Once upon a time, endpoint security was just a hall monitor. It watched for known bad files identified with a simple signature and sent you an alert when the file was blocked. To be safe, it would scan every machine daily, an intrusive activity that slowed down machines and sped up the heart rates of affected users and hapless analysts at help desks.Those days are gone, my friend. Those days are gone. Endpoint security, like all technology, is orders of magnitude more sophisticated now than when it was born. Features that once stood out as innovative and forward-leaning are now “table stakes” – essential for consideration, almost assumed. Here are some of the basic, and not-so-basic, features of modern endpoint protection software.Topping the list are three sine qua non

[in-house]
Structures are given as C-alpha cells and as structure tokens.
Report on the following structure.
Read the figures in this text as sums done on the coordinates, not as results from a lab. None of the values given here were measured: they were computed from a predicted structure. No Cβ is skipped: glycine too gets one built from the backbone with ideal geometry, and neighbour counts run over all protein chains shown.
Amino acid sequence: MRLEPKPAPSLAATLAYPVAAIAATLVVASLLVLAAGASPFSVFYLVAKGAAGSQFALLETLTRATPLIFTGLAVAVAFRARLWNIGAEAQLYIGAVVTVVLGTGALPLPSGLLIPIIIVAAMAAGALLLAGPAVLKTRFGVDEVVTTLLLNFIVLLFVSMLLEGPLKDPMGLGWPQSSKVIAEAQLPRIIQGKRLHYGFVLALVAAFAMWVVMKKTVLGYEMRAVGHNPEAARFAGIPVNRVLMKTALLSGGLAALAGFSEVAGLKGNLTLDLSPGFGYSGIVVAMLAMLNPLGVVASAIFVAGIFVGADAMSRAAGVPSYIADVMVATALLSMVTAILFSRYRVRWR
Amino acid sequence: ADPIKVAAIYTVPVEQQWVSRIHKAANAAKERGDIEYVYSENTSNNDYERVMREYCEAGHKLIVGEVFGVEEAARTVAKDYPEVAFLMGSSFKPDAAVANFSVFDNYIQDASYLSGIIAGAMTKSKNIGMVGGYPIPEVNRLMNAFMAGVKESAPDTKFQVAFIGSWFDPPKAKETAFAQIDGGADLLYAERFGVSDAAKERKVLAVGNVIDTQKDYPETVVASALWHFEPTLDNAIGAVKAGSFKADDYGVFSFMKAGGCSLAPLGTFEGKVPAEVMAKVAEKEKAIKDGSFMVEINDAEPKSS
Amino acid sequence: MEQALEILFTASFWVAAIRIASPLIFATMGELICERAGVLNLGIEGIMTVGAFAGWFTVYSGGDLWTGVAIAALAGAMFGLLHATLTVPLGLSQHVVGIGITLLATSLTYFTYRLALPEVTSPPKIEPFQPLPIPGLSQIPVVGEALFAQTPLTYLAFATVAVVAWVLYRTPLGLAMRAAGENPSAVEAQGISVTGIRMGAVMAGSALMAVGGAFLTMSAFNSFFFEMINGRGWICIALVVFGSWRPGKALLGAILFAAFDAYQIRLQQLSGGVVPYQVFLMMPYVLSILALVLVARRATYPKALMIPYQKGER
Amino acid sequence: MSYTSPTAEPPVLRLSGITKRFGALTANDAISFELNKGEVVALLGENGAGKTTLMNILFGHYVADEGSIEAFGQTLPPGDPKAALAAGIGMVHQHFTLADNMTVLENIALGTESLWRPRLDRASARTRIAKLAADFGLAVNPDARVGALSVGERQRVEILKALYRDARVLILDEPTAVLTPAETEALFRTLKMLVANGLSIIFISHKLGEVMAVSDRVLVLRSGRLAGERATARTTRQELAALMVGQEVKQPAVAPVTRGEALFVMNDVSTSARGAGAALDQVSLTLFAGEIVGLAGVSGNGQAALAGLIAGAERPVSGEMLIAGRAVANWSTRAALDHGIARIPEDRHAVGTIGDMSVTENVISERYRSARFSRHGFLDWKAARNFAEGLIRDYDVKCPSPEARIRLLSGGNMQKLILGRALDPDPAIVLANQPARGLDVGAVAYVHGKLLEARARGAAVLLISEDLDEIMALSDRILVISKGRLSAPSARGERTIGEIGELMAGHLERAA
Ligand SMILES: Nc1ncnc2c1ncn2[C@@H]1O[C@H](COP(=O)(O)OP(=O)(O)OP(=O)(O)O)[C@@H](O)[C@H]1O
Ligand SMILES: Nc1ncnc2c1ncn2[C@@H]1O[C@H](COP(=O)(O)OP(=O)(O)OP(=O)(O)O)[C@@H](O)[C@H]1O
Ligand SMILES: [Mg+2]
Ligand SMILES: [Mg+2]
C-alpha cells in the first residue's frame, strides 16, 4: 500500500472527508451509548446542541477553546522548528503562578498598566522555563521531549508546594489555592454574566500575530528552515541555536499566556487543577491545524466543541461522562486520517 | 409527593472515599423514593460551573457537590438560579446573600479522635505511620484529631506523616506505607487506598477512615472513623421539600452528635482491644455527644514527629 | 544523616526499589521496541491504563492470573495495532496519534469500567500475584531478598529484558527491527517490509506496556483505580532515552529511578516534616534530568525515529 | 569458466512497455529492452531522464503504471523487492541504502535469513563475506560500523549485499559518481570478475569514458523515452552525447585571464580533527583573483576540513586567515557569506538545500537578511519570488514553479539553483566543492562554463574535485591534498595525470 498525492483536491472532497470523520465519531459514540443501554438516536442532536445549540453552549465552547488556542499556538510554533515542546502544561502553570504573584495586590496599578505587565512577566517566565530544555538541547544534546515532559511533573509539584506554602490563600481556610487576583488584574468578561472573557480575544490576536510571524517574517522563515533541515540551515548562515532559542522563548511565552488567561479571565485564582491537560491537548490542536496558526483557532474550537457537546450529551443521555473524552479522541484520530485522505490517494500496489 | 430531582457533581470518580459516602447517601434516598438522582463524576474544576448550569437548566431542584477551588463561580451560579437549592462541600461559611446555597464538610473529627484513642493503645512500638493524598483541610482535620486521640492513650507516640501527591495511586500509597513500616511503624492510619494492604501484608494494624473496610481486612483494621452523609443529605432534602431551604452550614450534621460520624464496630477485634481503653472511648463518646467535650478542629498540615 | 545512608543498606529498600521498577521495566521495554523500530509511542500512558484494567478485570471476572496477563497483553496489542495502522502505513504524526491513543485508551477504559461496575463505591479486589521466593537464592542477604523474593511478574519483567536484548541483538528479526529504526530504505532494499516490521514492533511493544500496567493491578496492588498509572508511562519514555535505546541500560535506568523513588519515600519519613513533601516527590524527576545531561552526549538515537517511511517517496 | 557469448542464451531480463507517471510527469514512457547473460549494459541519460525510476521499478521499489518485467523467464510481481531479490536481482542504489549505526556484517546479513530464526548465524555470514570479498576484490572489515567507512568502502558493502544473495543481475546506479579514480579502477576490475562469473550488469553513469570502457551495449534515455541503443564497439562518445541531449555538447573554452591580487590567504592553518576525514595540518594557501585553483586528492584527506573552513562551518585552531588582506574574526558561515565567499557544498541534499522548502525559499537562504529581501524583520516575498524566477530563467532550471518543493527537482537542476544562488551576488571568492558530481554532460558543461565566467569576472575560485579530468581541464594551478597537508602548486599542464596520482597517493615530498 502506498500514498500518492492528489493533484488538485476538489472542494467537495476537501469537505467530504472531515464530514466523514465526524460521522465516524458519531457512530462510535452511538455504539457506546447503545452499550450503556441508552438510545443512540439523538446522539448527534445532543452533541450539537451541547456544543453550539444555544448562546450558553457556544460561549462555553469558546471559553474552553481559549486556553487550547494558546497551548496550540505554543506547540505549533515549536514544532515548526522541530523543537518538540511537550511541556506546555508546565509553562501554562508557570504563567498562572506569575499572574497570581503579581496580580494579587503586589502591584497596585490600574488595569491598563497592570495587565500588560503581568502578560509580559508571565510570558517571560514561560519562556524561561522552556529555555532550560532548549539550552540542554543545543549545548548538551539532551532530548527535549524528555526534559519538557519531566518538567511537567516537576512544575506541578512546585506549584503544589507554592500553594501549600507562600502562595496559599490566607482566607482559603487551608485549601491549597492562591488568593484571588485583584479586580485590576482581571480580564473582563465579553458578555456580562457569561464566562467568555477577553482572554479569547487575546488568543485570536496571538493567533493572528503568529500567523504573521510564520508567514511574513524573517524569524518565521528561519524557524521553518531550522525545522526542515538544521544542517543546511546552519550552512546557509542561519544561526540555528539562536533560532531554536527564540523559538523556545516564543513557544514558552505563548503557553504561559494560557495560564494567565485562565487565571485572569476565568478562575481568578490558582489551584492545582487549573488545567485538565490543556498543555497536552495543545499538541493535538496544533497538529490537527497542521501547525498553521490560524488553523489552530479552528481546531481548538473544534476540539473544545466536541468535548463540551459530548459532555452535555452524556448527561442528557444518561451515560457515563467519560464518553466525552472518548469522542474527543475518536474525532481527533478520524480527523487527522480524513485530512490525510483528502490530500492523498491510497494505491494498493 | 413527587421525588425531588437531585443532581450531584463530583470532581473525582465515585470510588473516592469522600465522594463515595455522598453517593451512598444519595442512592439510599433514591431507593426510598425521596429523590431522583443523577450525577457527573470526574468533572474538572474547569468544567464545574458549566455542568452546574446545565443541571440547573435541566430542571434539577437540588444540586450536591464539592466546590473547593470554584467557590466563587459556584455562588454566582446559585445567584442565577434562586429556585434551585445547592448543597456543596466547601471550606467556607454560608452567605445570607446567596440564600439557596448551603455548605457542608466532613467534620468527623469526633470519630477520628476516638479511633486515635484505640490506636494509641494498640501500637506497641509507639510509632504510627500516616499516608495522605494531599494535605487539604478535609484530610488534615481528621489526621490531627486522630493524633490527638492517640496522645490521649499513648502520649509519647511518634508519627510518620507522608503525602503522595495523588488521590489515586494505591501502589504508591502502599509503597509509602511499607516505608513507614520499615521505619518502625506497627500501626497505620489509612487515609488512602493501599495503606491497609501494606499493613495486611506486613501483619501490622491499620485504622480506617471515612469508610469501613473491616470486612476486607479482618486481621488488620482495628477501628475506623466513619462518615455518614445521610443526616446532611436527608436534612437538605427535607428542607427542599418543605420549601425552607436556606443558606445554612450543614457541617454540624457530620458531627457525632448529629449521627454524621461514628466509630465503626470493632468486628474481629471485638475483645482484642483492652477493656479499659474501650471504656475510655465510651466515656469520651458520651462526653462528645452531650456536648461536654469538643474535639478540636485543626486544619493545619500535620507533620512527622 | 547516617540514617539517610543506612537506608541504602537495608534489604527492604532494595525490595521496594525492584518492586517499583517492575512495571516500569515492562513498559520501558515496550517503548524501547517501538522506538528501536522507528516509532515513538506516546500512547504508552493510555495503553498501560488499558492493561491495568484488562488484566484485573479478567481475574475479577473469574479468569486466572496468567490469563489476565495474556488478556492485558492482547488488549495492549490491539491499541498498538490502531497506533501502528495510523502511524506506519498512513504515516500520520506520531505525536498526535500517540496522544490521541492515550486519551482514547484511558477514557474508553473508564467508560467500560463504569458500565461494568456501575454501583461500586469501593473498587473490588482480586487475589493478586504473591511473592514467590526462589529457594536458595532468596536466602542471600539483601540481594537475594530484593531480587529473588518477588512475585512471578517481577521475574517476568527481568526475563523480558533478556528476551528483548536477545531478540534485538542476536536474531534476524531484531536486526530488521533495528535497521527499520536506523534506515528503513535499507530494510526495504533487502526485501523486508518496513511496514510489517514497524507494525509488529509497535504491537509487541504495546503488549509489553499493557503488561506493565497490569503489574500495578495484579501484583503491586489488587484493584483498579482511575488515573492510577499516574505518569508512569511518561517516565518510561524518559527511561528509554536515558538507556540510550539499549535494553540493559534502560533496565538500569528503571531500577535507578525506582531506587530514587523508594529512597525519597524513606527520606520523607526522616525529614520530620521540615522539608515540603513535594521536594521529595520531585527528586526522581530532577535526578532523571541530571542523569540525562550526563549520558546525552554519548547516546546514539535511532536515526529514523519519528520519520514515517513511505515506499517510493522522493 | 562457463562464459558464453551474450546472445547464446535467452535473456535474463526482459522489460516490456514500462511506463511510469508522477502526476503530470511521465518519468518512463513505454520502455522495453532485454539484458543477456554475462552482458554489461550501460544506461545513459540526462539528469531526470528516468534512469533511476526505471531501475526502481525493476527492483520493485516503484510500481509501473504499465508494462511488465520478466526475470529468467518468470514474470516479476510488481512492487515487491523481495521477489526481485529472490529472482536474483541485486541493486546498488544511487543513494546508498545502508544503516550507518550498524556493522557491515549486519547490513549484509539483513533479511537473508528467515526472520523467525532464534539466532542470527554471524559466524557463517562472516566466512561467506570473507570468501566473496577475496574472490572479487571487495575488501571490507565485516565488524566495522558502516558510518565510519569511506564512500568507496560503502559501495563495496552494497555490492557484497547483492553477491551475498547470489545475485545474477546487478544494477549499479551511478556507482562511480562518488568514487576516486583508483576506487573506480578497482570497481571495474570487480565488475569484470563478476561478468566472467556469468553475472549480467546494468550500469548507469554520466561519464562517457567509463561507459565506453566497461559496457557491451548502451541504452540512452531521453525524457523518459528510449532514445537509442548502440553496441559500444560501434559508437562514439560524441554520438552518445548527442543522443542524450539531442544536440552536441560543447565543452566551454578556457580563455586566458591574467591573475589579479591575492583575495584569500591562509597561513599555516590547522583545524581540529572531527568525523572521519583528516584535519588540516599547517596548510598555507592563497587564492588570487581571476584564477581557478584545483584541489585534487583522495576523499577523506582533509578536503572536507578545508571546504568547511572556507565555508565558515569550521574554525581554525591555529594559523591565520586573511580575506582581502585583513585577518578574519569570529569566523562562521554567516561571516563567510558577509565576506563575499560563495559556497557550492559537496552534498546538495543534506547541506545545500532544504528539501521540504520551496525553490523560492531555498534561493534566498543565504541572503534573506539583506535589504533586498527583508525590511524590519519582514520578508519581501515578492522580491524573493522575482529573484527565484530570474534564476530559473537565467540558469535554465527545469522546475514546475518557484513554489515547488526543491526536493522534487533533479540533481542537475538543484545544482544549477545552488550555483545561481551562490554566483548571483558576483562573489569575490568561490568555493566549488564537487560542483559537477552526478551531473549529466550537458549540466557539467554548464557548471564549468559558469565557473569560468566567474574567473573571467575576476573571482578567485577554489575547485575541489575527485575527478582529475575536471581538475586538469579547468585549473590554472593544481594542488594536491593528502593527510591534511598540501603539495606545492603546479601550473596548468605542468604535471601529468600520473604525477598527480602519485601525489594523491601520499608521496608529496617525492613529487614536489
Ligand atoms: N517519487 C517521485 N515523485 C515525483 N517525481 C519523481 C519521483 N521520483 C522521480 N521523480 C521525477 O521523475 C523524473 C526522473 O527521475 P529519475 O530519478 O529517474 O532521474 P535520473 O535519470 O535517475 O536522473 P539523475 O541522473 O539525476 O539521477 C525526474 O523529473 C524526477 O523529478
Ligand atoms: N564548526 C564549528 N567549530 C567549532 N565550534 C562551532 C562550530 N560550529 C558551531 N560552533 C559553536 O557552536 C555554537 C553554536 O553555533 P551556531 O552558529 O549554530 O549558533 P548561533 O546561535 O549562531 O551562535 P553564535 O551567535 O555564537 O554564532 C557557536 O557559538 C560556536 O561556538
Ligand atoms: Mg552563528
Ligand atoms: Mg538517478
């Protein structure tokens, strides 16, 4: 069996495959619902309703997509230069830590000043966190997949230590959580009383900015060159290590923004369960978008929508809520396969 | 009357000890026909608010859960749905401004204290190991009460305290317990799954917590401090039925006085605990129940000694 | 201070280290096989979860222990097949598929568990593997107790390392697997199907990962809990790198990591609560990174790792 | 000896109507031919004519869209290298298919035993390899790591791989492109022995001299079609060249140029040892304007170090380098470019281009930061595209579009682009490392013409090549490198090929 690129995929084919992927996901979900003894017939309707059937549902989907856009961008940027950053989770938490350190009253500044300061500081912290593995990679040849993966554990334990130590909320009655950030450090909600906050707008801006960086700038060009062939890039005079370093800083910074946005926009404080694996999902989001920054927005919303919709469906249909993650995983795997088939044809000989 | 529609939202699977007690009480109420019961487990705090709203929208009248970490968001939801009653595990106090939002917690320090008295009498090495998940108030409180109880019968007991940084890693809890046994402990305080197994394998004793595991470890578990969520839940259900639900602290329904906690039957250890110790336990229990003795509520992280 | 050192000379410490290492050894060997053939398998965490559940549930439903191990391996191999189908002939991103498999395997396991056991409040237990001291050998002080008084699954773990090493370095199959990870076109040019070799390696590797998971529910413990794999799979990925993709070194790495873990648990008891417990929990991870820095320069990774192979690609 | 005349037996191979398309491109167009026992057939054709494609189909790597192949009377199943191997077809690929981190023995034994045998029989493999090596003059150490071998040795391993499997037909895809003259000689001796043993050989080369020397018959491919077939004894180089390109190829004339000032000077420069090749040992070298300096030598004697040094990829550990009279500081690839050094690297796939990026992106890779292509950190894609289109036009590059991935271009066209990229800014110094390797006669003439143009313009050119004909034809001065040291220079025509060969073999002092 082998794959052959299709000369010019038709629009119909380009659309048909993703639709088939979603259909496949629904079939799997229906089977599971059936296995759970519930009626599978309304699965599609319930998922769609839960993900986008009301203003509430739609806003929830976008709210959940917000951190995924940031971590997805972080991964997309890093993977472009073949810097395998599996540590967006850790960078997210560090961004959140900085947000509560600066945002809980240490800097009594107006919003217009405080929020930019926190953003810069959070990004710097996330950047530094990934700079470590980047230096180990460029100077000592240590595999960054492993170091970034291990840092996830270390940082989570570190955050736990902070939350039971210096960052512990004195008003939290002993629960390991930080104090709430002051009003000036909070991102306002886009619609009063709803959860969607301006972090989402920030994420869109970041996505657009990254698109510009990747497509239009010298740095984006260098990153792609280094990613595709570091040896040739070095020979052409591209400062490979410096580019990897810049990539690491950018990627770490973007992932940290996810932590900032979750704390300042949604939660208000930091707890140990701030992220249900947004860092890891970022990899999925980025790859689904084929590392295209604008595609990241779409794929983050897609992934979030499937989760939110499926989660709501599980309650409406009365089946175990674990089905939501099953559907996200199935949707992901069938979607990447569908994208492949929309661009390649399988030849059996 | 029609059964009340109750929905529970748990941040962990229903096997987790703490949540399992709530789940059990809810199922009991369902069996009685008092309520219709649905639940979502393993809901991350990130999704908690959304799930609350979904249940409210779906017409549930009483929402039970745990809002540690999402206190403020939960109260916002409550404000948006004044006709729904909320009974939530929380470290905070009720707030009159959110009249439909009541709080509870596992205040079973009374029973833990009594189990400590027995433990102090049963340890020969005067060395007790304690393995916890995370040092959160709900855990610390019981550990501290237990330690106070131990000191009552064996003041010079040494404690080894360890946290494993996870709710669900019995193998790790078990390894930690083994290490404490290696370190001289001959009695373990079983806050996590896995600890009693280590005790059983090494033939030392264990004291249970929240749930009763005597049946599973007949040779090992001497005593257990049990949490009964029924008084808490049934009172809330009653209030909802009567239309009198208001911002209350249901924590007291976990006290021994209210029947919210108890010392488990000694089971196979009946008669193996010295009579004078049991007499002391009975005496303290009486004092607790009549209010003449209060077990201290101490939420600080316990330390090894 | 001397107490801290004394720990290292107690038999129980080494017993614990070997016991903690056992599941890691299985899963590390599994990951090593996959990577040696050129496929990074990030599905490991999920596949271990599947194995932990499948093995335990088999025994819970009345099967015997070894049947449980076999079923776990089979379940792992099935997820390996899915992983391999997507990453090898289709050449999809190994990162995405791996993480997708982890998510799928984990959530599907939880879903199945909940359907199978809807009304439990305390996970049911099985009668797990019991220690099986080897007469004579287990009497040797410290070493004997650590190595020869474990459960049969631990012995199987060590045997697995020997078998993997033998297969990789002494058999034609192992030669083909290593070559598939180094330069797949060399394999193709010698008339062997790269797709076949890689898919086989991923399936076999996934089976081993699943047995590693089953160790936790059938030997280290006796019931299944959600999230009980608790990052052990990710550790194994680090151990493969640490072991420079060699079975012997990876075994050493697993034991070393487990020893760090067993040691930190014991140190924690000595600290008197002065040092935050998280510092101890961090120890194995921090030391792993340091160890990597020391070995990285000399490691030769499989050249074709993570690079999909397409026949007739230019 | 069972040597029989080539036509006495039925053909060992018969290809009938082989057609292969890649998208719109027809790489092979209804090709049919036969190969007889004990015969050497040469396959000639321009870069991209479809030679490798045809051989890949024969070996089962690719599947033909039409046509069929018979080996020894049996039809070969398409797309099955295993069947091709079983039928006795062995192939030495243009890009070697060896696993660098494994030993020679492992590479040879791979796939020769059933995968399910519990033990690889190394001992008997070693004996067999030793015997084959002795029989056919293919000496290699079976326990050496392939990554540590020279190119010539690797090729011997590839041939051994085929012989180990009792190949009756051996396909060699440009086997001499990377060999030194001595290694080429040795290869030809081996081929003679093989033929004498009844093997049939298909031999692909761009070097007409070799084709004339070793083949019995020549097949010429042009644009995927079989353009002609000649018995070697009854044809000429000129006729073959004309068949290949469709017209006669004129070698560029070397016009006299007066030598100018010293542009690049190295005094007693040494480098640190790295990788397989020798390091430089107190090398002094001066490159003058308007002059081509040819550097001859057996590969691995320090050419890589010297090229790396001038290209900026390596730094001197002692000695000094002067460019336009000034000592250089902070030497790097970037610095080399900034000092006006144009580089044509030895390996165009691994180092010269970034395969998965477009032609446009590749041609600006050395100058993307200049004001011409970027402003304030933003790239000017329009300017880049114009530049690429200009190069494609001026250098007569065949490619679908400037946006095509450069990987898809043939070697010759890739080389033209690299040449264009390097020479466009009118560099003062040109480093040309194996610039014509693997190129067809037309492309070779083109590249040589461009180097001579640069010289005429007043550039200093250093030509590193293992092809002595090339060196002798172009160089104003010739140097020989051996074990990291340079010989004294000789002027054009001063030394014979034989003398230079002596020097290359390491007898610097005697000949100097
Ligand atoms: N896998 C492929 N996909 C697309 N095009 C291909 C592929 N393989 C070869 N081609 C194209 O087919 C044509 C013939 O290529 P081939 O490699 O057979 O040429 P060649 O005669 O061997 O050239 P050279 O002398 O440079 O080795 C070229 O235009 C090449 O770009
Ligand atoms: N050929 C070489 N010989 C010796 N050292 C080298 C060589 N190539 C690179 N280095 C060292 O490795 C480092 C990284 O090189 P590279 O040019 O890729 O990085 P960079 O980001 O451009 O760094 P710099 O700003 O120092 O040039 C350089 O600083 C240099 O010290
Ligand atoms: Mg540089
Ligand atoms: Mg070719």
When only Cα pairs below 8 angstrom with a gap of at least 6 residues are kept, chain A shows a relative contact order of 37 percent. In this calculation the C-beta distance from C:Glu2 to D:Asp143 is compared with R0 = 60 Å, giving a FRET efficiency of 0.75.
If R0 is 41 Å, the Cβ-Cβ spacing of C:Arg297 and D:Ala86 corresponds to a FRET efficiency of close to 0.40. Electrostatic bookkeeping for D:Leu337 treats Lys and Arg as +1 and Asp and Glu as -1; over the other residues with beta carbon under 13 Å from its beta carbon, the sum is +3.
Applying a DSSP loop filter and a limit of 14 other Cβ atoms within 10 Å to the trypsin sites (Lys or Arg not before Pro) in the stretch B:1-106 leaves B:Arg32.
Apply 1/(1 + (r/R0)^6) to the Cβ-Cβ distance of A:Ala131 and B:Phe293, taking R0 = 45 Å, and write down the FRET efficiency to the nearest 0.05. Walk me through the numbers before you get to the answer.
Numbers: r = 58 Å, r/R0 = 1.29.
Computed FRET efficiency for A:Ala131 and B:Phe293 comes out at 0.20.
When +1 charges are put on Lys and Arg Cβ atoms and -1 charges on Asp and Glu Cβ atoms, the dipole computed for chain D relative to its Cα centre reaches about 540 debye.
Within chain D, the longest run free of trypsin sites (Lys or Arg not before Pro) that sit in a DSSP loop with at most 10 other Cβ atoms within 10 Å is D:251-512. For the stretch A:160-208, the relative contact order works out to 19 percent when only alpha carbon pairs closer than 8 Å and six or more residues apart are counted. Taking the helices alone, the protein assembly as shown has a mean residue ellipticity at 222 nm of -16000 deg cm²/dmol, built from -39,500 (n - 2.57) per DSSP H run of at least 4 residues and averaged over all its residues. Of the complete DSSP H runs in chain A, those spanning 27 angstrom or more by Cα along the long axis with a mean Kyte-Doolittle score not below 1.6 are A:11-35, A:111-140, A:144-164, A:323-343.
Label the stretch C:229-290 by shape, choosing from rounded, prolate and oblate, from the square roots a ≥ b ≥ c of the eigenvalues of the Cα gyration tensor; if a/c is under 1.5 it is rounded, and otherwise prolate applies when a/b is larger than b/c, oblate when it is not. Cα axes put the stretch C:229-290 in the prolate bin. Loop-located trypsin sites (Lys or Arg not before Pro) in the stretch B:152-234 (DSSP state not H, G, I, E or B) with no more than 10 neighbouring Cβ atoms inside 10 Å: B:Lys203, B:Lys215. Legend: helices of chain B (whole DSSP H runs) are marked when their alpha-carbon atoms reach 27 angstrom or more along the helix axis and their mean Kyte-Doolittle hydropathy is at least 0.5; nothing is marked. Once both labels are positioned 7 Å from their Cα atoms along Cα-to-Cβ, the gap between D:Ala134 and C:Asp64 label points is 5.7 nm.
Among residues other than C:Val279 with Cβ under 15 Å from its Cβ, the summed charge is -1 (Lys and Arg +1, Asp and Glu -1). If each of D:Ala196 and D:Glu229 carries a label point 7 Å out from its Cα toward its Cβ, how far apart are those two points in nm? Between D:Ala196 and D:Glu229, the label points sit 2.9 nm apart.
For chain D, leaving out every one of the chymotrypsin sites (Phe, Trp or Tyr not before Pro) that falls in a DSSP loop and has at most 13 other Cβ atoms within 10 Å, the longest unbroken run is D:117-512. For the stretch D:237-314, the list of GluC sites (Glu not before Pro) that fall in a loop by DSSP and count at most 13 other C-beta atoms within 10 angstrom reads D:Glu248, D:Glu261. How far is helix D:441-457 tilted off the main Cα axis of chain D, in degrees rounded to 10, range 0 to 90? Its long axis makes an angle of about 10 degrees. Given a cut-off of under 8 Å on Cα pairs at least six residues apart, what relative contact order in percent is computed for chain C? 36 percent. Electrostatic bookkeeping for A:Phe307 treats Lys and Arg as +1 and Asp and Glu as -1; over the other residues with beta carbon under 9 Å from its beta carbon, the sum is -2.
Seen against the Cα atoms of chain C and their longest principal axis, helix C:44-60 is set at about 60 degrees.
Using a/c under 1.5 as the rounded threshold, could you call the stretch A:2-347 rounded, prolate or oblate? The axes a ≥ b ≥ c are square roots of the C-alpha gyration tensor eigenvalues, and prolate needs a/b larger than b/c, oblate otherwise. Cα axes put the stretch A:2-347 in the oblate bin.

capabilities:Detection of zero days (previously unknown malware)Detection and prevention of memory-based attacks (a.k.a. “fileless” attacks) that run on an infected machine but never deposit a file on the victim’s systemAbility to monitor processes running on an endpoint and identify “bad”, or at least unusual, behaviorIf malware somehow slips through the cracks, good endpoint software can and will search all machines in an organization – with no disruption to end users – to minimize the spread of an infection. Naturally, it must generate alerts in response to such events, but it must minimize false positives and provide severity levels and/or intelligible descriptions of the offending malware. Security personnel are notoriously overburdened. They cannot waste time chasing down false alarms, and they must know how to prioritize genuine notifications of intrusion.To quote John Donne, “No man is an island”. The same is true for endpoint protection, in fact, for any type of cybersecurity tool. Endpoi ..
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